K♣ K♣ K♣ K♣ K♣ K♣ K♣ K♣
What do ten Native Americans do on the Fourth of July? In Ernest Hemingway’s short story “Ten Indians”, they get drunk and pass out on the side of the road just as Nick Adams (a recurring Hemingway character) and his friends drive by. Hemingway has never been known for political correctness; however, the Americana backdrop of this story makes me think this is more than an offensive stereotype. The Independence Day setting together with Adams returning to his father after a baseball game via a horse-drawn wagon sets up things for a quaint little story – except for the drunk Indians. Is Hemingway saying, for various reasons, not everyone celebrates in the same manner?
Nick’s friends carelessly drive by the men on the road as they drop off Nick at his father’s. Nick’s father then proceeds to carelessly let him know that he saw Prudence Mitchell in the woods with another boy. Nick’s infatuation with Prudence (an Indian girl) crosses over into other stories. Hemingway leaves it up to the reader to determine whether Mr. Adams is purposely trying to hurt his son or doesn’t actually realize Nick’s feelings for Prudence. Other Nick Adams stories give one the impression that Nick and his father have a love/hate relationship.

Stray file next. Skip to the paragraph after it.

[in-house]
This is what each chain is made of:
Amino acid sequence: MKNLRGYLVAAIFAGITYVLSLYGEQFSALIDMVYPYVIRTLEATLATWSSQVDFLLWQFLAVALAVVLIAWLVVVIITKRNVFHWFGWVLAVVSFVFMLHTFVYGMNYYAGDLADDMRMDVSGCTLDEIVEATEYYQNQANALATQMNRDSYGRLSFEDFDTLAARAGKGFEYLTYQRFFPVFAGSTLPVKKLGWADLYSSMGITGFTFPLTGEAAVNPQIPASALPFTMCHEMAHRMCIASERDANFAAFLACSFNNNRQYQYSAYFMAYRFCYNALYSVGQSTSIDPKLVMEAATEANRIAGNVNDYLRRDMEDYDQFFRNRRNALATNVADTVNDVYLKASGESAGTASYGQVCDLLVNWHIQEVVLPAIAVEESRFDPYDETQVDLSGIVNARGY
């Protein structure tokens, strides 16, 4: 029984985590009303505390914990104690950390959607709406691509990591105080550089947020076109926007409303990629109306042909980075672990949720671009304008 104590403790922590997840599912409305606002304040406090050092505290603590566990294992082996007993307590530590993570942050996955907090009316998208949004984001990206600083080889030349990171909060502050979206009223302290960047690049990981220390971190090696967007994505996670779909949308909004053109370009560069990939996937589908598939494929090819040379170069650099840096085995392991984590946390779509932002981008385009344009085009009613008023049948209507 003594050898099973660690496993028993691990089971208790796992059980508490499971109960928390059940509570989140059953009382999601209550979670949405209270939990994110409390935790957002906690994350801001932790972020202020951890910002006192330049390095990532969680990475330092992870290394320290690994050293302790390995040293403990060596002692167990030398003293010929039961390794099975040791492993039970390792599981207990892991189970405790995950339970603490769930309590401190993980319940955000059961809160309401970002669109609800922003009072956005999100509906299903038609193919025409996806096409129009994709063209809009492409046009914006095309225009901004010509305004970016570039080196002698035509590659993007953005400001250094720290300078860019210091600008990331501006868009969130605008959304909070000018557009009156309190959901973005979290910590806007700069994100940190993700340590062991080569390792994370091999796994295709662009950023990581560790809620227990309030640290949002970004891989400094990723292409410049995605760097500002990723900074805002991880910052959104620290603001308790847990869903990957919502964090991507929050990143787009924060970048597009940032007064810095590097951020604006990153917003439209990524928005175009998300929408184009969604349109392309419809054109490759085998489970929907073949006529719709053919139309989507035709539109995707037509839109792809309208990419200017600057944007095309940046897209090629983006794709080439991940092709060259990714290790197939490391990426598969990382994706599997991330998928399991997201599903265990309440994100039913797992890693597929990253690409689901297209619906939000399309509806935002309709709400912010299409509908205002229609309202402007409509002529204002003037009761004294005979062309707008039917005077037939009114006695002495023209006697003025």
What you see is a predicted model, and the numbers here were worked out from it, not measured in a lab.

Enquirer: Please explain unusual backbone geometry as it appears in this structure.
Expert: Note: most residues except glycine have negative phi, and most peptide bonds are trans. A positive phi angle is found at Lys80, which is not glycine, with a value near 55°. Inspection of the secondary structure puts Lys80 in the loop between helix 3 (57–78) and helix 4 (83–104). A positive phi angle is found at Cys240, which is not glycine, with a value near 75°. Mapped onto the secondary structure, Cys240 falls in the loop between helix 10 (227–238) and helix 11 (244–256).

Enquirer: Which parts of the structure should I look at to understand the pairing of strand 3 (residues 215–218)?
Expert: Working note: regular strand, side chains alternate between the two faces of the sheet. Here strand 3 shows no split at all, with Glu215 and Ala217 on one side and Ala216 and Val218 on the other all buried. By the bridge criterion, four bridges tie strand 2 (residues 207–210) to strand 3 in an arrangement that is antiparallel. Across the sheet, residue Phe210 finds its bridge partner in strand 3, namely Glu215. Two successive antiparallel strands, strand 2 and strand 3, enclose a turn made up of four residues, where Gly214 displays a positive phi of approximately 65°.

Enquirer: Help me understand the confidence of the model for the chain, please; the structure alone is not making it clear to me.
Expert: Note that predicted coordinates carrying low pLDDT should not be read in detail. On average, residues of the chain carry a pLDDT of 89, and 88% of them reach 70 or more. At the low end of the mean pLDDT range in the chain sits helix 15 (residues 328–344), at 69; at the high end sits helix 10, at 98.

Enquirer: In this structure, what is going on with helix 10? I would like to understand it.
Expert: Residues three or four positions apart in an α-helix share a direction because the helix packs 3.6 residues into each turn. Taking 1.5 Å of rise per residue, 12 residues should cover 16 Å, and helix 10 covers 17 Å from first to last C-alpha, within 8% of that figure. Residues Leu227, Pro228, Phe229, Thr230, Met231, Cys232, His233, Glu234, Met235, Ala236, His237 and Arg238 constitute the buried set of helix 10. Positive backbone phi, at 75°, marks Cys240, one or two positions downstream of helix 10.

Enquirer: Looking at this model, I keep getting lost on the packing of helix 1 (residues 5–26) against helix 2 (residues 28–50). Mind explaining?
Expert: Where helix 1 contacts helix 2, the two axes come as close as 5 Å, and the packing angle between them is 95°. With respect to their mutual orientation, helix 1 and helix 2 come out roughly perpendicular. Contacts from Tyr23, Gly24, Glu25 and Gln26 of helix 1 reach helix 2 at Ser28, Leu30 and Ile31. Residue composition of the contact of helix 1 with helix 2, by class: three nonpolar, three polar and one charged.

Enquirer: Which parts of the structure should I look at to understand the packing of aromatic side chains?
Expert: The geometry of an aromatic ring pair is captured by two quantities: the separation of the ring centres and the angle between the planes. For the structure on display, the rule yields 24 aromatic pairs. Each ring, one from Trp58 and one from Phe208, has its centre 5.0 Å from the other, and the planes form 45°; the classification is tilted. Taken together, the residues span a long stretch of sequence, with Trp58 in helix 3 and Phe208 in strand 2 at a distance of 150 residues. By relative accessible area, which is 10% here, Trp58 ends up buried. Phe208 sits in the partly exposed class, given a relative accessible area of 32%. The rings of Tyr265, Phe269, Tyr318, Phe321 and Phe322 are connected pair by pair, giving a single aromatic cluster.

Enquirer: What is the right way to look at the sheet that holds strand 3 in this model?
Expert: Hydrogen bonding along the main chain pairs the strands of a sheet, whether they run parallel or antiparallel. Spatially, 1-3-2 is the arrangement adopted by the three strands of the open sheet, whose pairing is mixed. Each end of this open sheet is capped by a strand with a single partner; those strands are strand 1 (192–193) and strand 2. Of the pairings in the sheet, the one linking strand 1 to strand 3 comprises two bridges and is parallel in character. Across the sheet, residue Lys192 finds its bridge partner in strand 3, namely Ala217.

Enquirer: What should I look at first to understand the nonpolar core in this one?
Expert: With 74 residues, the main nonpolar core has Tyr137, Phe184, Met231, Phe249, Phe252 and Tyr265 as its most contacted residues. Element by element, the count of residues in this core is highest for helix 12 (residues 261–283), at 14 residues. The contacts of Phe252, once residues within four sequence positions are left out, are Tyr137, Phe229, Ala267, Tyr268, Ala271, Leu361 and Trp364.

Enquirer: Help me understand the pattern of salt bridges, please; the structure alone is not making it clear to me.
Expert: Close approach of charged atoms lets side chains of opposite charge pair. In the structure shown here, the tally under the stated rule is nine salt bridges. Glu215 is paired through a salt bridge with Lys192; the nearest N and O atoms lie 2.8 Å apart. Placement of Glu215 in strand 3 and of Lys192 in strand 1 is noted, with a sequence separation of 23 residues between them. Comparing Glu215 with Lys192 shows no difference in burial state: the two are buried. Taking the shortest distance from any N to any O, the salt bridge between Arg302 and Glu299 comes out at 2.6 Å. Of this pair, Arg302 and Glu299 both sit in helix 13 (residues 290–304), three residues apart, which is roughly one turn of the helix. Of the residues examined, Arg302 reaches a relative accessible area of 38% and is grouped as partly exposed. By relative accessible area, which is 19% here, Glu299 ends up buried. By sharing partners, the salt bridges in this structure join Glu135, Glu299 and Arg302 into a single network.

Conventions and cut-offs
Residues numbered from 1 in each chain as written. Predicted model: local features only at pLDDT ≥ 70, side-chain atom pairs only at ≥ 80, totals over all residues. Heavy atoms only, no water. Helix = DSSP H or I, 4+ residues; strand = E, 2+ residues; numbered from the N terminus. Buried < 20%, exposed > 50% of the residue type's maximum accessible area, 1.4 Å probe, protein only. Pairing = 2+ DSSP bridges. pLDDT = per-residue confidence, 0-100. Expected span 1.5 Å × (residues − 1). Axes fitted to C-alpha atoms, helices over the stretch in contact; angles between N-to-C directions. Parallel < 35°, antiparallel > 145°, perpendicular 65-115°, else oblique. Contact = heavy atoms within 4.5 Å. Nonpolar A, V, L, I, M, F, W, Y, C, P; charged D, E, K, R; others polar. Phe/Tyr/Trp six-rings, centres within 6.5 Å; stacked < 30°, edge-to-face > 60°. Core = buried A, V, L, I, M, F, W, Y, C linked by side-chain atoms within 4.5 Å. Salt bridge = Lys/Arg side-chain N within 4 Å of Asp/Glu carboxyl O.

I like the coincidence of choosing this story for this particular week. As I was reading it, I felt as though Hemingway is giving Mark Twain a little nod. And then Nick is offered a piece of pie by his dad – “huckleberry pie”. I did a double take. Another coincidence?
And finally, the bittersweet ending:
In the morning there was a big wind blowing and the waves were running high up on the beach and he was awake a long time before he remembered that his heart was broken.